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Old 07-10-2010, 08:51   #16
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As others have said, gybe down wind. You need to bring some pressure to the side of the sail plan to steady it and stop it from rolling. You get the benefit of breeze across the deck, stability, and speed.

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Old 07-10-2010, 12:09   #17
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Without a pole, a headsail will collapse and fill constantly if you are sailing lower than about 140 degrees to the relative wind. It's unnerving and hard on the sails and rig to have the jib constantly collapsing and filling. Really fun with an Asymetric Spinnaker as the sail will sound like a cannon, with equivalent load on the rigging, when it fills.

Just finished a Transpac with 11 days of running wing and wing on my Pearson 35. Averaged better than 6knots on the Rhumbline to Hilo with winds from 10-15k. Reaching off would have been way slower in progress to our destination and probably only netted us about a 1/2 knot through the water because we'd have had to sail so far off the rhumbline course to keep the headsails filled. You can sail at least 20 degrees and probably 30-40 degrees off the DDW relative wind running Wing and Wing. A longer than 'J' pole or an adjustable whisker pole is really a benefit for reaching up running W&W.

We sailed about 170 degrees to the relative wind and sailed about as flat, with virtually no rolling, as it's possible in the 8' +/-seas. The self steering did yeoman work as the wind vane oscillated from lock to lock to keep the boat on course. Sailing slightly off the DDW course may have been the reason for the flat sailing. I didn't have the vanged main fully out because of chafe on the aft lower. The boom was about 45 degrees off the centerline.

On my old Westsail 32, ran with headsails poled out without much rolling. The W32 is reputed to be a roller but ours didn't roll much at all on that long DDW run. We had a reacher drifter poled to one side and the yankee jib lead to the main boom on the other. Perhaps the grossly different square footage of the two sails cut down on the rolling moment.

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Old 07-10-2010, 12:36   #18
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When selecting the course for downwind sailing in a seaway, consider the directions of the waves and the swell. It is very common to have primary and secondary swell coming from directions very different from the waves.

If one perturbation (waves or swell) has an average "encounter period" (resulting from Doppler effect) close to the natural roll period of your boat, it will cause rolling. To avoid this, there are 2 choices:
- change the course or the speed sufficiently to alter the encounter period
- catch that perturbation exactly on the longitudinal axis (head waves or following waves).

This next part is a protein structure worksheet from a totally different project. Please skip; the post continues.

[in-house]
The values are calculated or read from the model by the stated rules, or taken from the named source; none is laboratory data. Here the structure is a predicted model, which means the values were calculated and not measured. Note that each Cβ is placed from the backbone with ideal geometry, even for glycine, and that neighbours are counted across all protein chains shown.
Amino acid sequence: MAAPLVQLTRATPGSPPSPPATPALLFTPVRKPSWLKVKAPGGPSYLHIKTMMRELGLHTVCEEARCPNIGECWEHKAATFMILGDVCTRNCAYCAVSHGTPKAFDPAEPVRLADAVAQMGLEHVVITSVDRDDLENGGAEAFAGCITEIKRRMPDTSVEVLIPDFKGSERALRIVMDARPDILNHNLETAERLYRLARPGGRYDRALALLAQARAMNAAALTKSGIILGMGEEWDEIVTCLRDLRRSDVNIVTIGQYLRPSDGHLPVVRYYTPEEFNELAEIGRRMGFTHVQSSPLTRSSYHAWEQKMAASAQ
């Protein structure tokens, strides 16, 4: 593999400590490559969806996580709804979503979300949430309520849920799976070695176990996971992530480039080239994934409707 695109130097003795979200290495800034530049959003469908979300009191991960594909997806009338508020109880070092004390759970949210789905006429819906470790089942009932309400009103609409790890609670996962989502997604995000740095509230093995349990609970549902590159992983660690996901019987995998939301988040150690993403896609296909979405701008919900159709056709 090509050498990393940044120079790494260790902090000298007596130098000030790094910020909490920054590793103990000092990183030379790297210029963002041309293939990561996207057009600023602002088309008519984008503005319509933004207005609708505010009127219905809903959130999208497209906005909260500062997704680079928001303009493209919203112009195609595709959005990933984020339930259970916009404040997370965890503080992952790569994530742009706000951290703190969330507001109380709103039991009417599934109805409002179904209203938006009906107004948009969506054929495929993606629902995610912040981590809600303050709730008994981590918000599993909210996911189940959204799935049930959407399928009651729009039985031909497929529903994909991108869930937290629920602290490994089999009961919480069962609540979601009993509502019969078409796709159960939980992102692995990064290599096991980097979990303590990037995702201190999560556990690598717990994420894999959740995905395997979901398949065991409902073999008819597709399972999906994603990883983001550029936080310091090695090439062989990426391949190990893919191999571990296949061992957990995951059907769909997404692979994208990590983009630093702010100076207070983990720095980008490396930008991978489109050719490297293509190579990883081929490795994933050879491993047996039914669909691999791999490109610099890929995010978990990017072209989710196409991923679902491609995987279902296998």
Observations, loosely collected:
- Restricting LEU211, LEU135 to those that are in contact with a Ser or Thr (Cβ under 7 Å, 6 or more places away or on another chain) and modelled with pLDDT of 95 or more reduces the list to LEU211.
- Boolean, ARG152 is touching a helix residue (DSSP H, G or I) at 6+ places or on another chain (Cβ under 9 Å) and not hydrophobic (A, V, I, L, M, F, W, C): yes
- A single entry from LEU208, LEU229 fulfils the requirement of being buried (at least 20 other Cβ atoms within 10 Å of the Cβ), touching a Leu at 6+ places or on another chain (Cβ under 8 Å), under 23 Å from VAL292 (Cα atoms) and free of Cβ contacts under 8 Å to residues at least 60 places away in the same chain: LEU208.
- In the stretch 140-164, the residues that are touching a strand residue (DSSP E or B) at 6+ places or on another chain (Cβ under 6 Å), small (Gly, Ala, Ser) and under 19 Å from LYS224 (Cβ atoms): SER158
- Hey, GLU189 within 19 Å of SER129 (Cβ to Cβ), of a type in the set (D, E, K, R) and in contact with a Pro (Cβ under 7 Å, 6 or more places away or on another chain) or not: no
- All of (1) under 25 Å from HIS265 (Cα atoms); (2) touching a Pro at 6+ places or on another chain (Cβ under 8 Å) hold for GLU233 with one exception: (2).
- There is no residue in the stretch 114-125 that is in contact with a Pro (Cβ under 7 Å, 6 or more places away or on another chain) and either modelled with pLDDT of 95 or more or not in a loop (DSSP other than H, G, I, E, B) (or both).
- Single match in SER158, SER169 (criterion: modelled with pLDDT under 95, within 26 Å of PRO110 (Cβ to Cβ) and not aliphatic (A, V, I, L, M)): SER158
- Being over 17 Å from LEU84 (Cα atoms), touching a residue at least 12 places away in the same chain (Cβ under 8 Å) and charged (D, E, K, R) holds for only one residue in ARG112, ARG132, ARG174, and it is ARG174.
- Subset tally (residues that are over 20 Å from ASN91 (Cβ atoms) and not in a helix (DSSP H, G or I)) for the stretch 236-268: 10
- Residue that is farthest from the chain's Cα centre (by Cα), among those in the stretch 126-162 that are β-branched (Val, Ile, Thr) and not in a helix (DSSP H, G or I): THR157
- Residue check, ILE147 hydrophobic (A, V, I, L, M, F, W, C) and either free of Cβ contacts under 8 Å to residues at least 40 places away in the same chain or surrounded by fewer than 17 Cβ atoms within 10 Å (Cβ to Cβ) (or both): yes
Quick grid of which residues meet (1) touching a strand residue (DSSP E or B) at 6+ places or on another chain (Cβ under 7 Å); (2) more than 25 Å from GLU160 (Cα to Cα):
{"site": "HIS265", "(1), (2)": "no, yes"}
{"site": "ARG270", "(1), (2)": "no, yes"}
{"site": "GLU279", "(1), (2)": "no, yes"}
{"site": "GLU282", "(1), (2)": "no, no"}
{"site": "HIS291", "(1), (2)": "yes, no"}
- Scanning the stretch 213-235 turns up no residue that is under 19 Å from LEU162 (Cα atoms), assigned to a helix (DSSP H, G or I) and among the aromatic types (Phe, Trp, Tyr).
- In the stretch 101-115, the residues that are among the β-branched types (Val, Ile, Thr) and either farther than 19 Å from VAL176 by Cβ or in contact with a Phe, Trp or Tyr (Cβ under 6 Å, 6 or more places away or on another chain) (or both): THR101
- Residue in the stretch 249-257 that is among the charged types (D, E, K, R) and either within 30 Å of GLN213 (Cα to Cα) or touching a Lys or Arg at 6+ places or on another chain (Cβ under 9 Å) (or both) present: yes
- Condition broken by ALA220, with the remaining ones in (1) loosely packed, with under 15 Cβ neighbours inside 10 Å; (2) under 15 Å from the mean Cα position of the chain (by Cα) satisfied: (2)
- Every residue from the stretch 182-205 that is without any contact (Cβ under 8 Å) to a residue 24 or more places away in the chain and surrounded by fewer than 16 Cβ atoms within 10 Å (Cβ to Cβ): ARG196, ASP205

Then, it is worth experimenting and changing course by as much as 45deg to find the best one. I remember an occasion when there was a slight swell and the wind was coming in puffs. Between puffs, I had to alter course by more than 30deg and take the swell precisely on the bow to prevent the sails from flapping on each crest.

If your boat is a non-planing one and already at "hull speed" dead downwind, gybing downwind will not increase the speed by much.

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Old 07-10-2010, 13:10   #19
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Originally Posted by rdempsey View Post
Dave, Swagman on here was the owner who has done some long cruises with the Twizzle rig. Haven't tried it, but I like the idea of being able to quickly roll away two Genoas to reef.

Do a search on twizzle

Unique Twin Jib Rig
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Old 07-10-2010, 13:17   #20
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If you are going with a geni and a main, what worked for me a couple of times is to loosen a bit the boomvang, or the main halyard, and tighten the leech line.
This will give the main a bit of a balloon shape and will hold the wind better.
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Old 07-10-2010, 13:25   #21
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I find wing-on-wing fastest if I have enough wind to keep sails full. I use a Dutchman Boom Brake to give a little more forgiveness.

But many times I've tacked downwind. Sailing 20 degrees off to one side of the rhumb line only adds 6% to distance covered. If boat speed goes up 6% you'll obviously arrive at about the same time. So if you can increase your speed from 5 to 5.3, you can arrive at the same time more comfortable.

Above numbers take from vigor's handbook.
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Old 07-10-2010, 14:53   #22
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Sailing on a broad reach is a lot more comfortable and forgiving than being on a dead run anyway.

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